Hanna burns brighter with ‘Made in America’ push

by The City Wire staff ([email protected]) 270 views 

The line in Shakespeare’s Romeo and Juliet says “a rose by any other name would smell as sweet.” Nothing could be truer at Hanna’s Candle Company in Fayetteville, which is one of the country’s leading candle and incense providers.

Hanna’s makes scented candles under many brand names that are sold in numerous stores including Wal-Mart, Publix, Pier One, Sam’s Club, Sear’s, Aldi, Lowes, and Kroger. At Wal-Mart, they provide popular brand names such as the store brand Mainstays and the Better Homes and Garden brand.

Located in Fayetteville, Hanna’s is geared up already for holiday-related production. They now employ about 200 people with the workforce at other times of the year reaching about 140.

“We’re doing about three times our average amount right now,” said company founder Burt Hanna. “We’ll be shipping 40,000 (candles) to Wal-Mart just this week.”

The company started in 1987 in Hanna’s basement in Fayetteville. He and his then wife started making potpourri to sell and customers suggested they should expand to candles. They developed a six-inch, three-wick candle that was a top seller until the cost of wax made it not as feasible to manufacture. It’s what helped the company get into Wal-Mart, Hanna said.

In 1987, he started with $4,000 and by 1989 was already making $800,000 in sales. By 2000, Hanna’s Candles was bringing in more than $60 million in sales.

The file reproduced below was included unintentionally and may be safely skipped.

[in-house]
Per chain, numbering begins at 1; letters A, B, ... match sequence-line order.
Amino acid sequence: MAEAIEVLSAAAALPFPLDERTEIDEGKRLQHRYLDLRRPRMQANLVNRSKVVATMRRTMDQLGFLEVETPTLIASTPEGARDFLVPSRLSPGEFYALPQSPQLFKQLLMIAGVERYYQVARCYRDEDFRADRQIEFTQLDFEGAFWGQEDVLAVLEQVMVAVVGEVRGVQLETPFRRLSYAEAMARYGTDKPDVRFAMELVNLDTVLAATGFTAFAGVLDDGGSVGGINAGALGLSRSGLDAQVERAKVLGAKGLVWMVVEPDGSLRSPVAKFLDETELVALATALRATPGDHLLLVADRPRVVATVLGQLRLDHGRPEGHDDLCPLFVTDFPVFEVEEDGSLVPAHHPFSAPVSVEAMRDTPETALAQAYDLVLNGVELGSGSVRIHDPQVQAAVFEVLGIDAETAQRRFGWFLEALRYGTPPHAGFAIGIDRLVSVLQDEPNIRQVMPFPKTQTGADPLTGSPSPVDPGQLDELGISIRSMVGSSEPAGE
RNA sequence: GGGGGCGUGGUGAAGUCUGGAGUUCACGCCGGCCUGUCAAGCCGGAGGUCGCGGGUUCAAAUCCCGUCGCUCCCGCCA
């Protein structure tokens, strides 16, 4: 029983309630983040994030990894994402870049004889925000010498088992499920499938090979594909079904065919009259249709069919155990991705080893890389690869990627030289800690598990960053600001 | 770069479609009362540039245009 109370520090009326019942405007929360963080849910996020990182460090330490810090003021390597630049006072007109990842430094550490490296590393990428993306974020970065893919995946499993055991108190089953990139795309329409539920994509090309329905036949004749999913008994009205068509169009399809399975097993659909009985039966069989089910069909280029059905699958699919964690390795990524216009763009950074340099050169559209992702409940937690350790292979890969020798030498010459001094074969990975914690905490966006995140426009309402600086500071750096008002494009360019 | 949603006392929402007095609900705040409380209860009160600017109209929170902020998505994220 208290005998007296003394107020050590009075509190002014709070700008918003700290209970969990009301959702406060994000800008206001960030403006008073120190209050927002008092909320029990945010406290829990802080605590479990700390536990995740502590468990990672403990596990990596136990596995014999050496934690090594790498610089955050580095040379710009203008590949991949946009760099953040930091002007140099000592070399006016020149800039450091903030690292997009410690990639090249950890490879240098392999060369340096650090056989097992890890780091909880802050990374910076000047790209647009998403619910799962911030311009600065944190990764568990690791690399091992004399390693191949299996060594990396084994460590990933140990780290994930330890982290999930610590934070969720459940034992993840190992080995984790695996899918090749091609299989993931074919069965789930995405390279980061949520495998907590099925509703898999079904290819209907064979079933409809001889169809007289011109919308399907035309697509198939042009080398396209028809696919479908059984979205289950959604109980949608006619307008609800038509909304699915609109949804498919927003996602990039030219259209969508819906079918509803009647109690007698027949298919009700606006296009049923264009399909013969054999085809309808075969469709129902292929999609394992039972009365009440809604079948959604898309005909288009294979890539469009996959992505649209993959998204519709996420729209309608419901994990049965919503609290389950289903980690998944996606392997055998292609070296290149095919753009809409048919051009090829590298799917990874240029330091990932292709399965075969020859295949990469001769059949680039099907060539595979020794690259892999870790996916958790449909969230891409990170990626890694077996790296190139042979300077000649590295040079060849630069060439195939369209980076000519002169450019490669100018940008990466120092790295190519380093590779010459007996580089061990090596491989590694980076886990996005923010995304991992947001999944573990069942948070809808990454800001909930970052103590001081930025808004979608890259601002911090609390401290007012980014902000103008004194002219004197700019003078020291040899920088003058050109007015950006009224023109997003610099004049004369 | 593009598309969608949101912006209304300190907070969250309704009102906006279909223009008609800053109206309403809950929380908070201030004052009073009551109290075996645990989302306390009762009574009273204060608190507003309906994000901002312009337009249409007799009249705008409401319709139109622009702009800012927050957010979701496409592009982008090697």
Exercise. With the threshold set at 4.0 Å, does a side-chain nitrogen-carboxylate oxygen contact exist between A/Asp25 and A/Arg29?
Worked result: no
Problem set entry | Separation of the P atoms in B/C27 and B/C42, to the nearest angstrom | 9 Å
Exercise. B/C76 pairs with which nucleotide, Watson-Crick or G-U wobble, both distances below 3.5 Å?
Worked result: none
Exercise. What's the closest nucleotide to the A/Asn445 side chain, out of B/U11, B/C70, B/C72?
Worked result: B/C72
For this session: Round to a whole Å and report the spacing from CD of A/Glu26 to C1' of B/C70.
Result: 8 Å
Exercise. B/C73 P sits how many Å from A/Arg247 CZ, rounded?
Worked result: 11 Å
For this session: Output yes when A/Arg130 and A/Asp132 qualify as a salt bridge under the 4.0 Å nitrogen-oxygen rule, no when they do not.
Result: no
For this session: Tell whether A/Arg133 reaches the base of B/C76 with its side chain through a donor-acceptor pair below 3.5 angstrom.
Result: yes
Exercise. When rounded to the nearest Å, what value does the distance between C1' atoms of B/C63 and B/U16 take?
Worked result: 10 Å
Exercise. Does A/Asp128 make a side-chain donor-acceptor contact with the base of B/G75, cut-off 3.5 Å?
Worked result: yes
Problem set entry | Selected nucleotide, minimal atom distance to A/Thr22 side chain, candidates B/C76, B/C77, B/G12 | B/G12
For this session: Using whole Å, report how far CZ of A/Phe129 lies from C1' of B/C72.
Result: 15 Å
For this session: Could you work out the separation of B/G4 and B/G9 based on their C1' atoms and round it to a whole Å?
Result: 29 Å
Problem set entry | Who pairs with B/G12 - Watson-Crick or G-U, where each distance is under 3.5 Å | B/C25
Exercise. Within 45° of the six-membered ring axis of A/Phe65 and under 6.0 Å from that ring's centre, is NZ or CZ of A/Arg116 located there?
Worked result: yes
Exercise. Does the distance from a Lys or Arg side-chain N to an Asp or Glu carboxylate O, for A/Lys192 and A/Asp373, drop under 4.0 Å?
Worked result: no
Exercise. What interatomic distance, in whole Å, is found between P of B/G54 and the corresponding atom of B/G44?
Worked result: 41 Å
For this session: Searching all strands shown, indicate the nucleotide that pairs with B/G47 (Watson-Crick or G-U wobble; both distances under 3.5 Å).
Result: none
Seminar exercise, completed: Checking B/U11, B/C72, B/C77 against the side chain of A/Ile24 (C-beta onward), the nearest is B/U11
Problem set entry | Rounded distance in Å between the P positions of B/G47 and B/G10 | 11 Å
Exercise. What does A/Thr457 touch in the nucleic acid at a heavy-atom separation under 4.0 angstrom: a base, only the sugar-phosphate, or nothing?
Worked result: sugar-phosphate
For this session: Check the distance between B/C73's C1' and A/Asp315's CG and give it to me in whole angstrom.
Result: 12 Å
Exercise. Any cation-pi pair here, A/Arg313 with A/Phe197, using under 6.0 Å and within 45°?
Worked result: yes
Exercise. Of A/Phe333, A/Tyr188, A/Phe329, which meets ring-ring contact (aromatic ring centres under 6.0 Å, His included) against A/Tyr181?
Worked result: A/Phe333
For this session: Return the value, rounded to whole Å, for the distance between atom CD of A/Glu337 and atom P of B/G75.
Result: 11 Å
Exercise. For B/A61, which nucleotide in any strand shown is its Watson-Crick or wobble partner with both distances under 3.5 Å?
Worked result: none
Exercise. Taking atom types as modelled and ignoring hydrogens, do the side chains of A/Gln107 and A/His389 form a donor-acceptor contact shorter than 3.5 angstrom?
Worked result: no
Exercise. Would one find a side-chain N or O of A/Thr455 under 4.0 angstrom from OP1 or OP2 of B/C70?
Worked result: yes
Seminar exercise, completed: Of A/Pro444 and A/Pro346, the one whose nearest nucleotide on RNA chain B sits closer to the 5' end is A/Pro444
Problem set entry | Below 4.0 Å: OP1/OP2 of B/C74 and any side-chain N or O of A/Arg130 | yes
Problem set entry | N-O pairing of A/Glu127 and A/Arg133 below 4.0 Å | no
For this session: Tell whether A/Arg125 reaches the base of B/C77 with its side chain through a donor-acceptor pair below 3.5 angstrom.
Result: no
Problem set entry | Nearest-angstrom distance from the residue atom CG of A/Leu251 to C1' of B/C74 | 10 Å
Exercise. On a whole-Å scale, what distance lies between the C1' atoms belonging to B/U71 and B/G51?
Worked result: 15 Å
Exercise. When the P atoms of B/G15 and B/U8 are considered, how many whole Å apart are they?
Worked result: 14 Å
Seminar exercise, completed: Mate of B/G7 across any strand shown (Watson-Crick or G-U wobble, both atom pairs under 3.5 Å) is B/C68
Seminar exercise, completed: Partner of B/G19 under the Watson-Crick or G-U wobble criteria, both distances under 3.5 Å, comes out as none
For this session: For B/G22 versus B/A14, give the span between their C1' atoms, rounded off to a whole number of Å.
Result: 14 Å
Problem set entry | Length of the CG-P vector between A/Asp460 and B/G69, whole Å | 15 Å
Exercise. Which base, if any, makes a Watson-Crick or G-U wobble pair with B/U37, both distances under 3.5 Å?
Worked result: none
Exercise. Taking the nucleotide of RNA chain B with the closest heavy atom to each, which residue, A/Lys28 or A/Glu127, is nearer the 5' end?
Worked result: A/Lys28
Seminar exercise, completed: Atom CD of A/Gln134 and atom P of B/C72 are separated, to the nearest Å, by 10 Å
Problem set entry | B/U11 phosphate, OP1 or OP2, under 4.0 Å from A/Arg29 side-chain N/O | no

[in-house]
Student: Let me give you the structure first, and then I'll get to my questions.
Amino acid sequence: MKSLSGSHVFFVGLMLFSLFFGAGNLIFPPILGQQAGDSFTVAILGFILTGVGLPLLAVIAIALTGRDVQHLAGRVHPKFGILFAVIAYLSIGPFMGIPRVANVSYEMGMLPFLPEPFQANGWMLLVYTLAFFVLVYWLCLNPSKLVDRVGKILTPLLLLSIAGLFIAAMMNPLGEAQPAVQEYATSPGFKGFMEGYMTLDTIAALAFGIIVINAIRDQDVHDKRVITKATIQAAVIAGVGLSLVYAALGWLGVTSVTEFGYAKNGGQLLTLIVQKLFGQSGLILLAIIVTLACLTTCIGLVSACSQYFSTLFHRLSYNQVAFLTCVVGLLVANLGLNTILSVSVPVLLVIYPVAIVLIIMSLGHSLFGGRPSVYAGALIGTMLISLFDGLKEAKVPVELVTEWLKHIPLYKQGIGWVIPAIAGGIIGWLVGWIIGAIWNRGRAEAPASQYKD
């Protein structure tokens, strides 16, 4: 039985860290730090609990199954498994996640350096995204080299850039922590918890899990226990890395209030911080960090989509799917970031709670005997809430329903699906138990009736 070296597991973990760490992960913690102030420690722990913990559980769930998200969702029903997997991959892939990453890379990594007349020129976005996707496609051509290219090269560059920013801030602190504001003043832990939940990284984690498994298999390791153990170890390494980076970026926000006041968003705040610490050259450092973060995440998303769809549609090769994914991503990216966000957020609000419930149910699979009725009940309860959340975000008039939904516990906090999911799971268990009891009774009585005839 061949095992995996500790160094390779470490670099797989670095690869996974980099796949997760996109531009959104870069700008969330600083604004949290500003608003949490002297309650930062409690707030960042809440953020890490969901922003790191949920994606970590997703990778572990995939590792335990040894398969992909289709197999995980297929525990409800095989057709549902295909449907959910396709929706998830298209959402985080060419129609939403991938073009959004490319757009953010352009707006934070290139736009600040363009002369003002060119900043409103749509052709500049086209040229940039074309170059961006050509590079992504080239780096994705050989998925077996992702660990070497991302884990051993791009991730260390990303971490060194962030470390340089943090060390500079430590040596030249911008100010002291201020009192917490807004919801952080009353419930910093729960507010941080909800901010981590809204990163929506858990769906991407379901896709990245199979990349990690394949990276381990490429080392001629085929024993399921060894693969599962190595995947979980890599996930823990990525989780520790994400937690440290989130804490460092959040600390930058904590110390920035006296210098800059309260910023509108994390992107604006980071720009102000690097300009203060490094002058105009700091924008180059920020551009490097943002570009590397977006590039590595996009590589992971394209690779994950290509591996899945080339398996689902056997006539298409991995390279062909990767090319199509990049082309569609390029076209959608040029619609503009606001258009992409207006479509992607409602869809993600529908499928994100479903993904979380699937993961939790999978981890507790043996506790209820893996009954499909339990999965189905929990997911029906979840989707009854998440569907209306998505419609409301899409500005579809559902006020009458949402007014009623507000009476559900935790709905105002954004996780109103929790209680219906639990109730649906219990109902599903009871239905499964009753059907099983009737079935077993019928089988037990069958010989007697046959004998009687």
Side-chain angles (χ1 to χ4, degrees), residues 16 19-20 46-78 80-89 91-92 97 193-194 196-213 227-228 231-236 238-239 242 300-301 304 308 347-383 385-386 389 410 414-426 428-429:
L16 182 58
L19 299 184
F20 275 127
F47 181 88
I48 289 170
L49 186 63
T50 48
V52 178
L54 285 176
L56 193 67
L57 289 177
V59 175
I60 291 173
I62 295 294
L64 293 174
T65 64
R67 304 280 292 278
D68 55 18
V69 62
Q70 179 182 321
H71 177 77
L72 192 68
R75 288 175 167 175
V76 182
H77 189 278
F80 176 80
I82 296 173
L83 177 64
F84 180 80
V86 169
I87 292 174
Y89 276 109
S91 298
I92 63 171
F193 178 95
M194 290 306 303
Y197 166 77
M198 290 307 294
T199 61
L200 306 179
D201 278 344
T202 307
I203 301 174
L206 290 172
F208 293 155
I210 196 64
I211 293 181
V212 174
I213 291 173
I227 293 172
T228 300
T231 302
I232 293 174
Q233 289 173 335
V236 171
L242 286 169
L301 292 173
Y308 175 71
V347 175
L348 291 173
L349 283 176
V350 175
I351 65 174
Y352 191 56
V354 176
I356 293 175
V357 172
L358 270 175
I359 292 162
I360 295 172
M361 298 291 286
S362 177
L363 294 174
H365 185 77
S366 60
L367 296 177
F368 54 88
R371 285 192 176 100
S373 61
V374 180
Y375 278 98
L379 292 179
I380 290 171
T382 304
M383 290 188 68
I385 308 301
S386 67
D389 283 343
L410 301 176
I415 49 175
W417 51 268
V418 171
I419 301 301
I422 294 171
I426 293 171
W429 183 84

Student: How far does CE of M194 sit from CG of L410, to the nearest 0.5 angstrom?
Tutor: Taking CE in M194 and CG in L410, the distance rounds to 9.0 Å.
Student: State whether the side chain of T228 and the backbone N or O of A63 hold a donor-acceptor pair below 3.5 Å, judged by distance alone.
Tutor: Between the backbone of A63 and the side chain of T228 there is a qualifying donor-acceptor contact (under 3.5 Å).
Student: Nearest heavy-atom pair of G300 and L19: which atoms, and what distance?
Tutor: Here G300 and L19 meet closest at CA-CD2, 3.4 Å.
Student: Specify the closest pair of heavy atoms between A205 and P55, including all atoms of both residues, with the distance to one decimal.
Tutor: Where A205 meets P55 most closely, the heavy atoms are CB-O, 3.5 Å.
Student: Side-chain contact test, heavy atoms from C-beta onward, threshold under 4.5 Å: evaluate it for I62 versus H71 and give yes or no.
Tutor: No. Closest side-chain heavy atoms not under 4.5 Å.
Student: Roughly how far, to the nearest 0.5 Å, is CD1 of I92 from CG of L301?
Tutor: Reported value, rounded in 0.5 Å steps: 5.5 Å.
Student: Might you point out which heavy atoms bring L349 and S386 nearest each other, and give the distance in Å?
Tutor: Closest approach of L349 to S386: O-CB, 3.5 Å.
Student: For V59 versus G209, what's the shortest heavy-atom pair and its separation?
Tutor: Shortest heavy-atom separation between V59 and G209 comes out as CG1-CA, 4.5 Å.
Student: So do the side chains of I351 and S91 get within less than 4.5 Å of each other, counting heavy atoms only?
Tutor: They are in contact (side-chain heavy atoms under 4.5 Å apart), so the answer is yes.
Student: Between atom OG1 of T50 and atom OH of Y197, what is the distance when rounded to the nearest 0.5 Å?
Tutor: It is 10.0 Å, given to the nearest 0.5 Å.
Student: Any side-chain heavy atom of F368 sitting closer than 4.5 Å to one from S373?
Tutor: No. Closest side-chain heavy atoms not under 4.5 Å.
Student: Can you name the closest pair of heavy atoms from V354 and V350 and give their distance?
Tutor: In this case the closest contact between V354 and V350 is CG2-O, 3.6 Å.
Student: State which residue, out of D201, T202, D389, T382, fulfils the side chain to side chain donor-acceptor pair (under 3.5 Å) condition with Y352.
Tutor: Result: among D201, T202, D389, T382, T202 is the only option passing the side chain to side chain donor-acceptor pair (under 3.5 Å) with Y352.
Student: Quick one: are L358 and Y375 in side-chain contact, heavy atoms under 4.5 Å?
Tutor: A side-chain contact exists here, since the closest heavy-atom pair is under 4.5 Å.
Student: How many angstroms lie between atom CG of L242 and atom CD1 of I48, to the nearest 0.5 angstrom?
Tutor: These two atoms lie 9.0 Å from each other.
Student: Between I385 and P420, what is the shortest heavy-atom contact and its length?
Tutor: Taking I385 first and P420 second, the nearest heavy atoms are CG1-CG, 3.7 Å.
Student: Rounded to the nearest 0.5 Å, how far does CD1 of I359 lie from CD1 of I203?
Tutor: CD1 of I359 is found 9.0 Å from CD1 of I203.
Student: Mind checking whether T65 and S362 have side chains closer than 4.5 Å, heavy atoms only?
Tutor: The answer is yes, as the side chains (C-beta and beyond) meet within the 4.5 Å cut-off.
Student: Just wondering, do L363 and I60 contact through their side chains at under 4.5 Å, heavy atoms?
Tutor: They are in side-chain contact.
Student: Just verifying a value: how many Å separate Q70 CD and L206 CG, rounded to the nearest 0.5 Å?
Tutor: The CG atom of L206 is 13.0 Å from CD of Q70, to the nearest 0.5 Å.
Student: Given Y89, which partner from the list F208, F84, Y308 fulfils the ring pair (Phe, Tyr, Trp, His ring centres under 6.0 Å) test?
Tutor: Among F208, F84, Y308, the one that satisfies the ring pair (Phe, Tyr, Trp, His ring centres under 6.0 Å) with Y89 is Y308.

“From 1997 to 2005 candles were on fire,” Hanna said of the popularity.

He also owned seven outlet stores in the region but closed those in 2002. They were to sell the slightly damaged candles or those that came off the line that were not up to par. The stores were a financial strain plus the company developed better methods so that cast-off candles were no longer a major issue, he said. That’s when the decision was made to close the stores and to focus on manufacturing.

The company uses an “in-line” manufacturing system that requires them to create a continuous line of small batches instead of one giant batch of scented wax. By making small batches, it’s easier to control quality as well as the smell concentration in the factory.

When the economy turned south around 2008, Hanna said sales on discretionary items like candles slumped. It was then that consumer good companies like S.C Johnson and Procter & Gamble began into innovate in air care products with plug-in scent items which grew in popularity with the likes of more expensive products from speciality retailers like Bed and Body Works.

Hanna said sales went below $10 million a year, a far cry from the height of the candle craze. Just two years ago Hanna said his company hit the bottom, as sales slumped so severely lenders threatened to foreclose on the property if one payment was missed.

Hanna said he hung on and never missed a payment.

In May 2012 he sold the building in Fayetteville where Hanna’s Candles operated and was able to pay off the bank loan with interest.

“It was hard for them to argue that I was in bankruptcy at that point since I had paid off the loan,” he said.

He now leases back a portion of the building he once owned to manufacture the candles.